I will say, I think anyone who wants a purebred dog should go to the shows before they’re dead set on a particular breed. Most people pick their “ideal” dog breed from a picture and a general description of its temperament, which is only a tiny part of the picture. For instance, Viszlas, which were pretty high up on my fantasy dog roster, routinely emit a howl that sets my teeth on edge. Scratch that.

Have you been to a dog show? Did you enjoy it?

Regrets

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People who have made no progress…look back and say “I’m so satisfied with that! My life was wonderful!”…I can at the very least say that even if it isn’t much, I’ve made some progress…and that’s good. Because I have regrets, I have done well. –

Atsuko Wantabe, quoted in A Different Kind of Luxury by Andy Couturier

 

Be the Change for Animals: Spread the Word

I thought Ian Dunbar was a weird, crazy man when I read his puppy books at the insistence of a friend. I listened to his advice, though, and took Silas to puppy class.

It might be exaggerating to say that puppy class saved his life, but it might not.

I rescued Silas at five weeks old. On our first day of puppy kindergarten, when he was ten weeks old, he was terrified of all the other puppies. On the fourth and final Saturday of puppy kindergarten, he was still not able to engage with the other puppies. So we rolled him over into their next program, a puppies-only, very closely supervised version of doggie daycare. By the end, he loved dogs.

Young puppy Silas

Poor scraggly guy.

I have no doubt that puppy kindergarten and puppy daycare are the only reason that Silas isn’t dog-reactive, and I’m not sure if the me of those days could have successfully managed a dog-reactive dog.

Our additional weekly socialization homework compelled us to do all kinds of other good things, too, like going to a variety of local parks and meeting a certain quantity of strangers. When Silas got older and became pathologically fearful of new things, that background saved us.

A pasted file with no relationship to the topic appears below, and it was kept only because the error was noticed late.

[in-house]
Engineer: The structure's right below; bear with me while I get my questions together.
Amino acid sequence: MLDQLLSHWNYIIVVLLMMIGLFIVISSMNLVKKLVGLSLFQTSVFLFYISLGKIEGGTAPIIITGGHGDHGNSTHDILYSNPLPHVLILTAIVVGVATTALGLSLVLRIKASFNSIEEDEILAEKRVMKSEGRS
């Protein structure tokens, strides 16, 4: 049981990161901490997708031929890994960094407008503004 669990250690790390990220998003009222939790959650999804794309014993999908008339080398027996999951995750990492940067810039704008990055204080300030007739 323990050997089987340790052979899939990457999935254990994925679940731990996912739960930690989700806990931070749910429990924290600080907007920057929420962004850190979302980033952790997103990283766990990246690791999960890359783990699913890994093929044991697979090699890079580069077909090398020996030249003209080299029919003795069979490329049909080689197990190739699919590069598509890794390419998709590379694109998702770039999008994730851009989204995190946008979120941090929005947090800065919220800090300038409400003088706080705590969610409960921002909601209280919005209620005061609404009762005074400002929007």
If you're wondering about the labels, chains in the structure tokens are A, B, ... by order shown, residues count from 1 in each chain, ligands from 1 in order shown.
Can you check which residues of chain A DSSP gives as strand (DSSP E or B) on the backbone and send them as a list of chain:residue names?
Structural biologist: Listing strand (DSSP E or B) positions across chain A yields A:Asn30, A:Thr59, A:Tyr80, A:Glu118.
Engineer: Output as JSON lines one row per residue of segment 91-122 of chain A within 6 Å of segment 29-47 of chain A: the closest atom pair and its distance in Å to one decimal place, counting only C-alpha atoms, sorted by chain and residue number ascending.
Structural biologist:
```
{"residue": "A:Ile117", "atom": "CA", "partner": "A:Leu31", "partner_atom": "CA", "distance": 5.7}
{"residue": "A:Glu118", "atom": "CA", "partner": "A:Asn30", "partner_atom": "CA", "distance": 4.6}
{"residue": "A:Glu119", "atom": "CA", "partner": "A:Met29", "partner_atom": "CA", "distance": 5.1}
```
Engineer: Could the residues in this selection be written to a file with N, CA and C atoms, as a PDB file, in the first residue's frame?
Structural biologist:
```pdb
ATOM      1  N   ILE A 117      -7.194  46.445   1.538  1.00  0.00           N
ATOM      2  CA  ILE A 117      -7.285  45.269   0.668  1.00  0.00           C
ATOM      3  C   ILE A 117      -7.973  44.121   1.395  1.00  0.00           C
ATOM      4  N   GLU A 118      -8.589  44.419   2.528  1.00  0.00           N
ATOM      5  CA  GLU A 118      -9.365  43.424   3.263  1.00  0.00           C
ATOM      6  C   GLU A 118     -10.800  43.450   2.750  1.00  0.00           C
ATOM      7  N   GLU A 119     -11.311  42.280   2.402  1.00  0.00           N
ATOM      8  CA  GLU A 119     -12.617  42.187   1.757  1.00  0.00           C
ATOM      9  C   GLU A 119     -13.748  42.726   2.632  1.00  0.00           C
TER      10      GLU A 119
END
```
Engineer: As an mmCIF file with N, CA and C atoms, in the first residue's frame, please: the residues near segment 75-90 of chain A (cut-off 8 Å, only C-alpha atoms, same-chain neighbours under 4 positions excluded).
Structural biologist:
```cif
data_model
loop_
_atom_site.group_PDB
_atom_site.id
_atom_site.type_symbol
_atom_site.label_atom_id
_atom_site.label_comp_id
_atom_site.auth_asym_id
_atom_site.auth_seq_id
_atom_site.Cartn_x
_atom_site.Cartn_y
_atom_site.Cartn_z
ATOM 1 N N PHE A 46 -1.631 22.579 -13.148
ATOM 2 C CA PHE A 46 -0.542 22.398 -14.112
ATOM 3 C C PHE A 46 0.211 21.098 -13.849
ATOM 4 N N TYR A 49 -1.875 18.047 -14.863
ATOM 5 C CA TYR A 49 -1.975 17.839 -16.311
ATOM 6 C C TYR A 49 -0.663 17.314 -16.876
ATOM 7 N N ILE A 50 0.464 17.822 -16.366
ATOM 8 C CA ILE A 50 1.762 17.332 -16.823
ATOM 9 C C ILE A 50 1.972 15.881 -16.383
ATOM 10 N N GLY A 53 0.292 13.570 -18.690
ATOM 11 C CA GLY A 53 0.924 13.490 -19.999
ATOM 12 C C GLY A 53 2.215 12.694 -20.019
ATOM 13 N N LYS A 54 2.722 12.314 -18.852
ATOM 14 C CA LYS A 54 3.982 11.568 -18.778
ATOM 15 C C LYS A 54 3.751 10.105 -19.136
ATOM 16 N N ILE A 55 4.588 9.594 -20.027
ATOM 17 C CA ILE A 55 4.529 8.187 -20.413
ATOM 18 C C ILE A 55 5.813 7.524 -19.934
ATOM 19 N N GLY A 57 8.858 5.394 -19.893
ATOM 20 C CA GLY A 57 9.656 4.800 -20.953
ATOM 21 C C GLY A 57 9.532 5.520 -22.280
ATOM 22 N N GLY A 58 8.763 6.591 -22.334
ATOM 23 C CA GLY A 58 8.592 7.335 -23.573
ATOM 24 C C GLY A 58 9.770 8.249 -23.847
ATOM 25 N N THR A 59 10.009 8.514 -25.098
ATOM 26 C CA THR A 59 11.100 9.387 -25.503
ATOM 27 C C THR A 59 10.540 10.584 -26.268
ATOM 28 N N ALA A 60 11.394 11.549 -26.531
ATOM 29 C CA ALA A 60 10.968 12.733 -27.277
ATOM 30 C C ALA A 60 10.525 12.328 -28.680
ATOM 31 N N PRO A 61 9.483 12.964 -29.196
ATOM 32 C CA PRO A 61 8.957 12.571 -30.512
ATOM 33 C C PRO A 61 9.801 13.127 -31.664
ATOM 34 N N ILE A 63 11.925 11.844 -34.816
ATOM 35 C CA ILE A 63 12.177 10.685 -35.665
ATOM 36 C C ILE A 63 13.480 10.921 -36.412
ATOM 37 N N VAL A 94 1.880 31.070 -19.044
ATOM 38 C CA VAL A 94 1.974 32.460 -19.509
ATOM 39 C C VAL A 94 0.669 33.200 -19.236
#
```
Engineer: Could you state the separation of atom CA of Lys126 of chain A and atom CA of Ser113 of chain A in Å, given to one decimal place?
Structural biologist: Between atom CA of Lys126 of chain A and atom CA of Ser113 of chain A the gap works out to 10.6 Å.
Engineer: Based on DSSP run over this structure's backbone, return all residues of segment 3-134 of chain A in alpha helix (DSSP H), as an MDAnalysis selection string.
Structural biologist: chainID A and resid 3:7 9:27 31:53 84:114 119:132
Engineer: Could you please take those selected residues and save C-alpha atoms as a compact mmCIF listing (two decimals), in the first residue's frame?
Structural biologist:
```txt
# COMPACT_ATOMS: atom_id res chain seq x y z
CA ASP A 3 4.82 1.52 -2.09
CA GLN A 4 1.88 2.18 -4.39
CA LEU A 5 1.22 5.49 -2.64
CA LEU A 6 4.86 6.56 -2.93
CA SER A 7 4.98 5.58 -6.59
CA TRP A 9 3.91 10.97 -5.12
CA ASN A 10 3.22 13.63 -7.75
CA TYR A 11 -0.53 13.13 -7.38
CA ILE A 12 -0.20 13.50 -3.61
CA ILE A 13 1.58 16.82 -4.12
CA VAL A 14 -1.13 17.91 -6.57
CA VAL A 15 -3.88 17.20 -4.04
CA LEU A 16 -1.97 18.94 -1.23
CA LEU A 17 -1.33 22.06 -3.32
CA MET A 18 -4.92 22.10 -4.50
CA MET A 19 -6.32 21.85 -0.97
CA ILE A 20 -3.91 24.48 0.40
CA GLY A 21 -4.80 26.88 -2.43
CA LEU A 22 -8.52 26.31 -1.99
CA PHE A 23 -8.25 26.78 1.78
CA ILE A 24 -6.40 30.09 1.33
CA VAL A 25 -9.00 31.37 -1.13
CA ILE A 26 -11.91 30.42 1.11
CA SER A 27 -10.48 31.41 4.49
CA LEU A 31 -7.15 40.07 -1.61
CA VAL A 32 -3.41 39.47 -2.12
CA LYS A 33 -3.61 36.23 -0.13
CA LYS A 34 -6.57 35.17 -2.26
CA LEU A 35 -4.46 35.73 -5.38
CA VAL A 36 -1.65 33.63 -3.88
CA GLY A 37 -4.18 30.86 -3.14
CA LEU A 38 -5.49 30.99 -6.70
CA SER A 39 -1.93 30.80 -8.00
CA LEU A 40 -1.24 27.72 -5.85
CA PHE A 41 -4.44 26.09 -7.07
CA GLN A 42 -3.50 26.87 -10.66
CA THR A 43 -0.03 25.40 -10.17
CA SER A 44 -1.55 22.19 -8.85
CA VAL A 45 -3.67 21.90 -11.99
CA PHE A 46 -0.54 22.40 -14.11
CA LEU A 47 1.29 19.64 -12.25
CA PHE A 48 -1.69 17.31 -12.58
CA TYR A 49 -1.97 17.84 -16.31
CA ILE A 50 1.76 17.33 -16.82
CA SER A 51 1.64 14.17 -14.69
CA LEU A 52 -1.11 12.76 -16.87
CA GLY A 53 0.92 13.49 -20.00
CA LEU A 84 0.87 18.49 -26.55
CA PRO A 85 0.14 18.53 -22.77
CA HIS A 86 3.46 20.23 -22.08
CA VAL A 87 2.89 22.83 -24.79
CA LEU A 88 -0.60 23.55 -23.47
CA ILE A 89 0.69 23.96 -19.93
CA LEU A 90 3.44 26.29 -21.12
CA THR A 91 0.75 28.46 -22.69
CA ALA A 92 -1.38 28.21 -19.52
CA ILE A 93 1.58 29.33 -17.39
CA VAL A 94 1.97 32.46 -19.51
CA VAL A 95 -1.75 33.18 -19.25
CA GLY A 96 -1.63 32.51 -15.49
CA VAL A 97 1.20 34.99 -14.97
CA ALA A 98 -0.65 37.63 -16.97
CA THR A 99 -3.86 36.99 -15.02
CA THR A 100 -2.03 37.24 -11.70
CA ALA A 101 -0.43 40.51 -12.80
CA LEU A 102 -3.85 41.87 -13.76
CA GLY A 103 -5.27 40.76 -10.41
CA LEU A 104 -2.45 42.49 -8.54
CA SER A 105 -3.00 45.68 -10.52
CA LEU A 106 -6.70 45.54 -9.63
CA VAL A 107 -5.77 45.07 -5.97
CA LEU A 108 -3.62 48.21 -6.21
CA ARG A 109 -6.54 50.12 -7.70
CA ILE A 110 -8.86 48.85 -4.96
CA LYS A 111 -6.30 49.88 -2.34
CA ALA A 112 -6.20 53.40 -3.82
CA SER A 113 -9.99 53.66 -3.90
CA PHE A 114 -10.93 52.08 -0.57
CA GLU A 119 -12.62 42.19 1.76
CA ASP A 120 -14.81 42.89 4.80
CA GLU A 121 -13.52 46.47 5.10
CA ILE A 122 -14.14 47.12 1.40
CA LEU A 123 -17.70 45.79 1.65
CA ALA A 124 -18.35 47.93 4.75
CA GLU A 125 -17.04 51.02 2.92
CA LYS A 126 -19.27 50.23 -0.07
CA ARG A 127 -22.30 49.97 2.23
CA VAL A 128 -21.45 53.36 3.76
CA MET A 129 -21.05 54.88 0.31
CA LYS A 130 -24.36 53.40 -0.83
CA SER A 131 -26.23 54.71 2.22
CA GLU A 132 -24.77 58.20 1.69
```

People are going to acquire puppies. By all means, if you know the person’s intentions in advance, do everything you can to help them make a wise decision. Once they have that dog in their home, though, it’s no longer the time to educate them about puppy mills, backyard breeders, or the wonders of rescue. The best thing you can do is help keep that puppy out of the shelter.

So, this is my mission for you: research your local training facilities. Find the class that you would take your puppy to, if you were so crazy as to get a new puppy. Use your experience of dogs and dog training to pick a good place. Then spread the word.

When you see a puppy out on a walk, or when your hair stylist tells you that she just got a new puppy, be prepared to pop out the name of that local puppy class.

I do this myself and find it to be extremely painless. People want to chat about their puppies. Then you can just slip in, “You know, the best puppy classes in town are at Fido’s Training Extravaganza.” Average Jane does not know that puppy kindergarten exists, let alone that socialization is crucially important.

Do you live somewhere with no puppy classes? Then hand out the URL for Ian Dunbar’s After You Get Your Puppy, which is online for free as a pdf.

Trained and socialized puppies very rarely wind up in shelters, so let’s help make every puppy trained and socialized.

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Kong Time

In the infancy of the blog I published a recipe for Kong filling that I still really like. However, these days I’m a lot lazier less concerned about the finer points of dog nutrition.

My Kong recipe has settled down to something of a halfway point between the two options I mentioned there.

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This is a very unscientific process:
1 can pumpkin
a few dollops of plain yogurt
A spoonful of peanut butter
A drizzle of molasses (Silas doesn’t like too much, but he likes some.)